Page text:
Likud's election programme is a series of negatives: no to any further withdrawals; no to any negotiations with the PA (on the contrary, "we will combat Hamas"); no to any transfer of Palestinian funds; no to the roadmap; no to a Palestinian state; and no to any Palestinian workers inside Israel. Netanyahu has even said no to any future coalition government with Kadima, a move that surprised certain of these Likud colleagues since the issue had yet to be discussed in the party. In fact the only proactive policy is a pledge by Netanyahu to move the wall eastwards i.e. deeper into the West Bank.
The negativism has yet to make any dent in Kadima's support. If the elections results on 28 March reflect current polls, Netanyahu will be at the end of his political life and so, perhaps, might Likud.
The rest of the nationalist right is divided between the NU-NRP and Avigdor Lieberman's Russian immigrant Yisrael Beiteinu Party. The NU-NRP's constituency are the settlers, with the two parties resolutely opposed to any further disengagement, civilian or military. Lieberman's position is less predicable. He advocates a "soft transfer" where settlements are annexed to Israel in exchange for Palestinian areas in Israel (like Um Al-Fahim) becoming part of the PA. "I don't believe in co-existence", he says. Yisrael Beiteinu is projected to win 8-10 seats and could well be a part of a coalition government.
LABOUR AND MERETZ, THE ZIONIST LEFT: Palestinian hopes were raised when Amir Peretz won the Labour Party leadership last November. This was not only because for first time Labour had chosen a working class activist of Moroccan background as chairman. It was also to do with Peretz's track record on peace: he had been a supporter of the Oslo process, a signatory to the virtual Geneva Accords peace agreement and a founder of Israel's premier human rights organisation in the occupied territories, Btselem.
Scant traces of that history are visible today. No sooner had Peretz exchanged his union card for the politician's suit than he started to move rightwards, vowing that he would never "divide Jerusalem" or tolerate a right of return for Palestinian refugees. Since the election of Hamas, he has echoed Olmert's mantras of recognition, disarmament and adherence. He has met Abbas and prefers negotiations to diktat to determine the final status of the occupied territories. But Peretz's priority now is his social agenda: he has conditioned Labour's participation in a future Kadima government not on peace but an increase in the minimum wage and "pensions for every citizen".
It has yet to do him much good. Labour's aim is to win 25 seats. Anything less and its most untypical leader may also be among its briefest.
Israel's other Zionist left party is Meretz, headed by former justice minister Yossi Beilin. It champions the Geneva Accords as the solution to the Israel-Palestinian conflict and, to its credit, runs an election campaign with the slogan "Meretz will divide Jerusalem". But with polls projecting only five seats few expect Meretz to have much influence in the next government, especially if Kadima heads it.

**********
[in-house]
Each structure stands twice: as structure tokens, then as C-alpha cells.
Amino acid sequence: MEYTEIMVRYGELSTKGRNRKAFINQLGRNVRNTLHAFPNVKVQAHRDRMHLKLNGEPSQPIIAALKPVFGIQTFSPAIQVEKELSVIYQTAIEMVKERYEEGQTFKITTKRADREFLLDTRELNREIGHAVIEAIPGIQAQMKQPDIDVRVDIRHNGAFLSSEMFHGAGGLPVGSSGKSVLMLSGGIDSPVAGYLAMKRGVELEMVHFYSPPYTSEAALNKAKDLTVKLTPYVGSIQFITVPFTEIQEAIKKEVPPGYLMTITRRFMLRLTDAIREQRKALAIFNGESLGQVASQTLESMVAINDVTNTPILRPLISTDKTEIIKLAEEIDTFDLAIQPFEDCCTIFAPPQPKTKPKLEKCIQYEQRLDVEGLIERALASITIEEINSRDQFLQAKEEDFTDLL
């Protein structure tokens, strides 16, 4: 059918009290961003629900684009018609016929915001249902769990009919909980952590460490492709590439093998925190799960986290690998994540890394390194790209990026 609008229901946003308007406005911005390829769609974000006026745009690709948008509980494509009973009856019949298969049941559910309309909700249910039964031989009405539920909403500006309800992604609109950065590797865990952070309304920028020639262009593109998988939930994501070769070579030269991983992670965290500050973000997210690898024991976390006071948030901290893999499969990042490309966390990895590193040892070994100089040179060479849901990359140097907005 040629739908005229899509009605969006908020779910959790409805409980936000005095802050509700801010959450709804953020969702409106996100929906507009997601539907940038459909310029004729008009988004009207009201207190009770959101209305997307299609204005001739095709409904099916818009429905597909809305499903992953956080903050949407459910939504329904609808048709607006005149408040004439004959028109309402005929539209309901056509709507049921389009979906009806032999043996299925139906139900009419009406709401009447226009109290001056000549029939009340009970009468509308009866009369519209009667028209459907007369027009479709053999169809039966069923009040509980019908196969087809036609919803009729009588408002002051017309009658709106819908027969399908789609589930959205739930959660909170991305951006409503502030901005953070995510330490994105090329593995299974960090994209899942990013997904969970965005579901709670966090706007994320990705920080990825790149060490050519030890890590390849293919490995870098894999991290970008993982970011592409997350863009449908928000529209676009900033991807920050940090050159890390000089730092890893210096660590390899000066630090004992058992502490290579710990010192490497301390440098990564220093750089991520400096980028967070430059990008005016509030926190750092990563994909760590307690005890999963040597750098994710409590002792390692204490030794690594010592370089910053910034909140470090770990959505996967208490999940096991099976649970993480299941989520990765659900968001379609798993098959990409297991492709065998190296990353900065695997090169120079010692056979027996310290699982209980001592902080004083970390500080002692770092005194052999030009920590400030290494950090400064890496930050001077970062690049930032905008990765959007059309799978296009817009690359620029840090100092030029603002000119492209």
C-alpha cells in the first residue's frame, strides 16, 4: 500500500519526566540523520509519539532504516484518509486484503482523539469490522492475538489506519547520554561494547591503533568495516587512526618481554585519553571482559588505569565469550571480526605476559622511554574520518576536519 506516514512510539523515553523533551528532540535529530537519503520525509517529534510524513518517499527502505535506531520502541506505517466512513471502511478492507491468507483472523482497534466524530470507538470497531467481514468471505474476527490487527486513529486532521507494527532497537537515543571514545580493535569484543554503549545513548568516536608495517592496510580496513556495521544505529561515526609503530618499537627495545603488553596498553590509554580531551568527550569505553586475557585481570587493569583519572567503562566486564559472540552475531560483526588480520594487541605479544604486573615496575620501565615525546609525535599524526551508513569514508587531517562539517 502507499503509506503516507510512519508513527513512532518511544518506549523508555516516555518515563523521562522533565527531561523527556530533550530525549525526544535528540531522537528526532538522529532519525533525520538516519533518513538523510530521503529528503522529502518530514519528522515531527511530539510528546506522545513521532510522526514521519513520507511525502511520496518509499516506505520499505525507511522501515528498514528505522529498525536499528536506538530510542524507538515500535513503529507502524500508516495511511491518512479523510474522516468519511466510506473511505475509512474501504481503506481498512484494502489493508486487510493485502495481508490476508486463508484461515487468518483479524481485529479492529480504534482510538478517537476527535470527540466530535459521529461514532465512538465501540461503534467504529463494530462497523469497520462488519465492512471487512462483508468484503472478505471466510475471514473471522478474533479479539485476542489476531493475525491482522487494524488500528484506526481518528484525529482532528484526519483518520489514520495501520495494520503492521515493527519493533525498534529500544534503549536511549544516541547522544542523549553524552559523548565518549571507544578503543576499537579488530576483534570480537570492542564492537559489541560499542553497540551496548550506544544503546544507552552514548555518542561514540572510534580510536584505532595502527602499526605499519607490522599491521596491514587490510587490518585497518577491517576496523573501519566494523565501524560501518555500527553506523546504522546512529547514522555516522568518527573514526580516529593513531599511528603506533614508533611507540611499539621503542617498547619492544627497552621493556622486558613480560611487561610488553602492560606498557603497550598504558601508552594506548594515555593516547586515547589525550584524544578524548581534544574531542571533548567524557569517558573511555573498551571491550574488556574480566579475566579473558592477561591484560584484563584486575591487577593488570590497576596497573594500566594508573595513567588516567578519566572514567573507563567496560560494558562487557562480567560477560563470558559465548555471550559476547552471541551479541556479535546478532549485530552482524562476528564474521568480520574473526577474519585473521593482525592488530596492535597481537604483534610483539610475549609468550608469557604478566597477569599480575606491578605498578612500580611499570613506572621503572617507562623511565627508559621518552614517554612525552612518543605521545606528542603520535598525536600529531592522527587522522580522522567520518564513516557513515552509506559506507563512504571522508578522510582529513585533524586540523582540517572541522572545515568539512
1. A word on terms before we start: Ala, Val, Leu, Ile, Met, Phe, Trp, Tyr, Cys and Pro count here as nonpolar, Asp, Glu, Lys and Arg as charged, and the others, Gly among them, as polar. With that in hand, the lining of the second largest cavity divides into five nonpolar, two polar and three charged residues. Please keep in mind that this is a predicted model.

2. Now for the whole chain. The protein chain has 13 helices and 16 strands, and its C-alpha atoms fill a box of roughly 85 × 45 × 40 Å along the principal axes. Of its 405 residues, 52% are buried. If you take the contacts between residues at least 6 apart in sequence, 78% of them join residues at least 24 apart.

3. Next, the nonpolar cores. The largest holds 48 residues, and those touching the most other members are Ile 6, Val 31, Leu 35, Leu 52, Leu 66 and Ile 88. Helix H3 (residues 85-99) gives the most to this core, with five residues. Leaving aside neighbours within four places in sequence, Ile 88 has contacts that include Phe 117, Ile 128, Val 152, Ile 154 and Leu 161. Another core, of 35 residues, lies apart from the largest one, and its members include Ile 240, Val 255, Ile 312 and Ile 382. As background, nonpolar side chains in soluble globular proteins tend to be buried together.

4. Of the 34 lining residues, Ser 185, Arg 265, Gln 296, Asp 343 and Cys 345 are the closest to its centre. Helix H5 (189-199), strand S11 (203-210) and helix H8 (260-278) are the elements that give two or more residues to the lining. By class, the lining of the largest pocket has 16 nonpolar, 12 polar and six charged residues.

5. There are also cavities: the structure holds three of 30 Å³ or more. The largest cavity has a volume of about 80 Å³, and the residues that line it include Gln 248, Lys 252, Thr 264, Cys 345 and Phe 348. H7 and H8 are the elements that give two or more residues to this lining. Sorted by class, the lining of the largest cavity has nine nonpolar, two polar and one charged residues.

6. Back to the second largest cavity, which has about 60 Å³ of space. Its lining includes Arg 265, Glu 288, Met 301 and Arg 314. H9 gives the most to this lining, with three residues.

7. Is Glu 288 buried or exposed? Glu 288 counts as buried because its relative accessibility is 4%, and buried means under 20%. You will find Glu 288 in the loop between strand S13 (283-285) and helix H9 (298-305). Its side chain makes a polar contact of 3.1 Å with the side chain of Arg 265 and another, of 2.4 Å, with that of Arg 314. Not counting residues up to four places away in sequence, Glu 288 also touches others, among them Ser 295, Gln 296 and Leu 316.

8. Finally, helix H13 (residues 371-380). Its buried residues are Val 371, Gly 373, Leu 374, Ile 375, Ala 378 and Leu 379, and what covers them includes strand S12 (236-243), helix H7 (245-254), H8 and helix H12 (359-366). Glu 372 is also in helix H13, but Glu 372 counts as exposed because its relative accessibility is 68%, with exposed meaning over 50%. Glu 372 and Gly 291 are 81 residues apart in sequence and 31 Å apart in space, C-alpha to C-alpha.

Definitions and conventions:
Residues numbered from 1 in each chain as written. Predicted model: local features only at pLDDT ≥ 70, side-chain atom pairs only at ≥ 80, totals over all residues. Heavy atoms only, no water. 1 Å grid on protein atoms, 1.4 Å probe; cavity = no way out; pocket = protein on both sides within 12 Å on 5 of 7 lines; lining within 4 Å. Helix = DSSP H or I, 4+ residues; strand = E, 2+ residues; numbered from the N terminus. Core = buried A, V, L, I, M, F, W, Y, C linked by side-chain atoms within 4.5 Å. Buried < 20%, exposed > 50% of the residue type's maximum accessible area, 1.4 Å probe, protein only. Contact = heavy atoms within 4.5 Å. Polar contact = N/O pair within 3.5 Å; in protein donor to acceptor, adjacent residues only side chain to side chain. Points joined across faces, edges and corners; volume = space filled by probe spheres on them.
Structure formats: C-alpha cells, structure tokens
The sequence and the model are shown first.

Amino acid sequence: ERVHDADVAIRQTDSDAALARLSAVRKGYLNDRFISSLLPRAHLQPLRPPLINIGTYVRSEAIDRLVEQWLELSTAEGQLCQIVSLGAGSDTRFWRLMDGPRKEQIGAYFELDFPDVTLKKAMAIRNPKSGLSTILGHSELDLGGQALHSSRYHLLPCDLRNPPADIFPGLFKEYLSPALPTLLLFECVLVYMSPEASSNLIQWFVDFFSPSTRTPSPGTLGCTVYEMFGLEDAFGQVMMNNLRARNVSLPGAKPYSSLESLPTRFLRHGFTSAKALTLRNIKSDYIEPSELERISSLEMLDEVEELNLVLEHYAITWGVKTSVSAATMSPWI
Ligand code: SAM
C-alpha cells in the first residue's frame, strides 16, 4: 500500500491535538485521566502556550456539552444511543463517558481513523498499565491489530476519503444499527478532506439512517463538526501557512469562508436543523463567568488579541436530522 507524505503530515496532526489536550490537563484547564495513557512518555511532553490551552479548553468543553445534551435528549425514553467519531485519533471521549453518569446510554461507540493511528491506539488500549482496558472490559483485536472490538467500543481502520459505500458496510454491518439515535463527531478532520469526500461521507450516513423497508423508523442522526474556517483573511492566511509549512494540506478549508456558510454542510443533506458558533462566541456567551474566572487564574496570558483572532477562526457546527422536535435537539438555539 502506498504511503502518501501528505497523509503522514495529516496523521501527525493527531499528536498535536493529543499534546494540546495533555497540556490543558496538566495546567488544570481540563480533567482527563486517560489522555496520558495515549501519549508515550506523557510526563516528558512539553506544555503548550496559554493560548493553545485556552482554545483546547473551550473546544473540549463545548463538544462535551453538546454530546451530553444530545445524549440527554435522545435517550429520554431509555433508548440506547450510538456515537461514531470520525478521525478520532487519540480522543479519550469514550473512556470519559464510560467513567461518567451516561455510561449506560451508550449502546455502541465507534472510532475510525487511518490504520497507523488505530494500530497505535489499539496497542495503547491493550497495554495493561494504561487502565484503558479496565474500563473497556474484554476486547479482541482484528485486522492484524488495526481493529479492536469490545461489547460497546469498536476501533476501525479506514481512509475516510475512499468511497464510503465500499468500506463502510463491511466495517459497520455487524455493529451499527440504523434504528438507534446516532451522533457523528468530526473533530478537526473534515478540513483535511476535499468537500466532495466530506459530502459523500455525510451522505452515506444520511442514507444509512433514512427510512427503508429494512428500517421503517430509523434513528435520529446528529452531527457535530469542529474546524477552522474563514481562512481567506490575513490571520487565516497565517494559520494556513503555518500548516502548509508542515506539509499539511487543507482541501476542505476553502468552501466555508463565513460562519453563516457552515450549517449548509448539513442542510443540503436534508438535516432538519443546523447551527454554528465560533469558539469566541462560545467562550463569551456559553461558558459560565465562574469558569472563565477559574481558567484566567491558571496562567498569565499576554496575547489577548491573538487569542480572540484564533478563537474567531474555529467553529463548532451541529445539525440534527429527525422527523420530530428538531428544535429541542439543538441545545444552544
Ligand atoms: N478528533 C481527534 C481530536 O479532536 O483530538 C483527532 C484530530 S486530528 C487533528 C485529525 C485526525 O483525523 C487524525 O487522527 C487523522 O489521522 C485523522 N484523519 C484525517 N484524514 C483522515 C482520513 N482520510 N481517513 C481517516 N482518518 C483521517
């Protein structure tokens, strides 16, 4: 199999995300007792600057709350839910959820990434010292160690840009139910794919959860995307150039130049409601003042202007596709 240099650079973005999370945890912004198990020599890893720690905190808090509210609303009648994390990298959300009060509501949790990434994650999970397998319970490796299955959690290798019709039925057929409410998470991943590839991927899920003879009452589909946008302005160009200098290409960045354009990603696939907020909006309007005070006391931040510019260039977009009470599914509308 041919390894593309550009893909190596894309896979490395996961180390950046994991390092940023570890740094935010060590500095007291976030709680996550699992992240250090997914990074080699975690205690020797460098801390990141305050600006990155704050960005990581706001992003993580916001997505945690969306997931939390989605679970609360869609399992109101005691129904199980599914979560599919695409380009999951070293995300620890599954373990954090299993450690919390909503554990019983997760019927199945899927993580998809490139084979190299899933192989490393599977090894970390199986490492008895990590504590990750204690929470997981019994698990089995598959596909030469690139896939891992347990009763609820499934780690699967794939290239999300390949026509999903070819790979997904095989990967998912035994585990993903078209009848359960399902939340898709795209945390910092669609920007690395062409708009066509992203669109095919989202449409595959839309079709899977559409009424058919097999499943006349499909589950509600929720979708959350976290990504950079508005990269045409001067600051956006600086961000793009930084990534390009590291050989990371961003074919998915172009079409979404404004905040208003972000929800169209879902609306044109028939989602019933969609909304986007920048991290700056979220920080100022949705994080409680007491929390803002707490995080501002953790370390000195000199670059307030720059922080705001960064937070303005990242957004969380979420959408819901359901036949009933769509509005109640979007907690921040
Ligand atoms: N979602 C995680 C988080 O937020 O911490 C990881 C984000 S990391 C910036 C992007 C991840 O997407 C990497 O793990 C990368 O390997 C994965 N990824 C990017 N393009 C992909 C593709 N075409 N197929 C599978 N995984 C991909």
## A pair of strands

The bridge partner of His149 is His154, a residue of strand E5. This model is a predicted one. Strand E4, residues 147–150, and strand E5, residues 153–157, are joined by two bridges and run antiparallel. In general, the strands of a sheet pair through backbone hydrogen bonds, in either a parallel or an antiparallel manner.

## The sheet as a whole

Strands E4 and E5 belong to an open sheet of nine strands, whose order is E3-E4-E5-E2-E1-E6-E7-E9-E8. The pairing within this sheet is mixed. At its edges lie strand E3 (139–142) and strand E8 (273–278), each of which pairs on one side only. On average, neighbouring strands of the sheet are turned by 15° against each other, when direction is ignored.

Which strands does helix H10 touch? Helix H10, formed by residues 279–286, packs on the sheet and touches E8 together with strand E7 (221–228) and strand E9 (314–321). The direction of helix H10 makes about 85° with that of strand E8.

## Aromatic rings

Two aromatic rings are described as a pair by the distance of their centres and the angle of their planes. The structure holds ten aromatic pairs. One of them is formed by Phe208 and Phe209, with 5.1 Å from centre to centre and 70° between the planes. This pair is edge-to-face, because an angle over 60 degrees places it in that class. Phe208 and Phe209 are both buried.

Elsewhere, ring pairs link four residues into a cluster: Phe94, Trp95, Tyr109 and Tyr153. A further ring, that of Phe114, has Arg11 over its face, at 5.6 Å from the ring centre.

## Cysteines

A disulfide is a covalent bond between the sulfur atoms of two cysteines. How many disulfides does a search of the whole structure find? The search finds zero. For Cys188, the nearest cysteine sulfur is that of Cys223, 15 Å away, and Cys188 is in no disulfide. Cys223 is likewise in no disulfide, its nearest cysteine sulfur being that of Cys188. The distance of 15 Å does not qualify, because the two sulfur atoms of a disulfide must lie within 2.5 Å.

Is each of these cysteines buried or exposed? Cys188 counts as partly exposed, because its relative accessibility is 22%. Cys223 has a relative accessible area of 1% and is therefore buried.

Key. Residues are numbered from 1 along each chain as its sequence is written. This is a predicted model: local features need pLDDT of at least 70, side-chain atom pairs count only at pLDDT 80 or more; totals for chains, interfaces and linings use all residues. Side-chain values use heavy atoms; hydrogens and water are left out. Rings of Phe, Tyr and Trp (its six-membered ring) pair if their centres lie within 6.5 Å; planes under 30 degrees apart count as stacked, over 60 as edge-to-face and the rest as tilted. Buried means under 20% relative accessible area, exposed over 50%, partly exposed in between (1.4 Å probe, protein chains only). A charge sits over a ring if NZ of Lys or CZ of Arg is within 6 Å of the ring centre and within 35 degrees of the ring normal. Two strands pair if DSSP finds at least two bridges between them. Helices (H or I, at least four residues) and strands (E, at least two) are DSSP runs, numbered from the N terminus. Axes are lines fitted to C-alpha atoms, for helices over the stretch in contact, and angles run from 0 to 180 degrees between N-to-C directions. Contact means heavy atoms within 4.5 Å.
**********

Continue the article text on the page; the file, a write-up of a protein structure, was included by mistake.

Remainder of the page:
THE ORTHODOX PARTIES: Shas and the UTJ are expected to win 15 seats between them. The UTJ will join any government that preserves its control over religious institutions and schools. Shas was and is violently opposed to Netanyahu's neo-liberal economics, which hurt its Sephardi working class base. But it could easily join a government led by Olmert. It is agnostic about further West Bank withdrawals and opposes any dealings with the PA until Hamas recognises Israel's right to exist as a Jewish state.
THE ARAB PARTIES: Israel's one million plus Palestinian citizens are represented by three parties. The United Arab List (UAL), backed by the "southern stream" of the Islamist movement in Israel; the secularist Hadash coalition, backed by Israel's Communist Party; and the nationalist Al-Balad movement led by Azmi Bishara.
All three advocate policies for political and civil equality as well as Palestinians receiving collective rights as a recognised national minority in Israel. Hadash and the UAL support a two-state solution to the Palestinian-Israeli conflict, and a return to negotiations based on the roadmap. Balad supports a Palestinian state in the West Bank and Gaza as an intermediate solution. Its ultimate goal is one binational state "for all its citizens", Arab and Jewish alike.
The Arab parties are projected to win eight seats. Balad may not make the electoral threshold. None has said it will join a coalition based on unilateral disengagement. Peretz has said he would invite the Arab parties to join any coalition led by him. Olmert is opposed to any Arab minister in his cabinet. In fact there is not a single Palestinian in Kadima's top 50 candidates.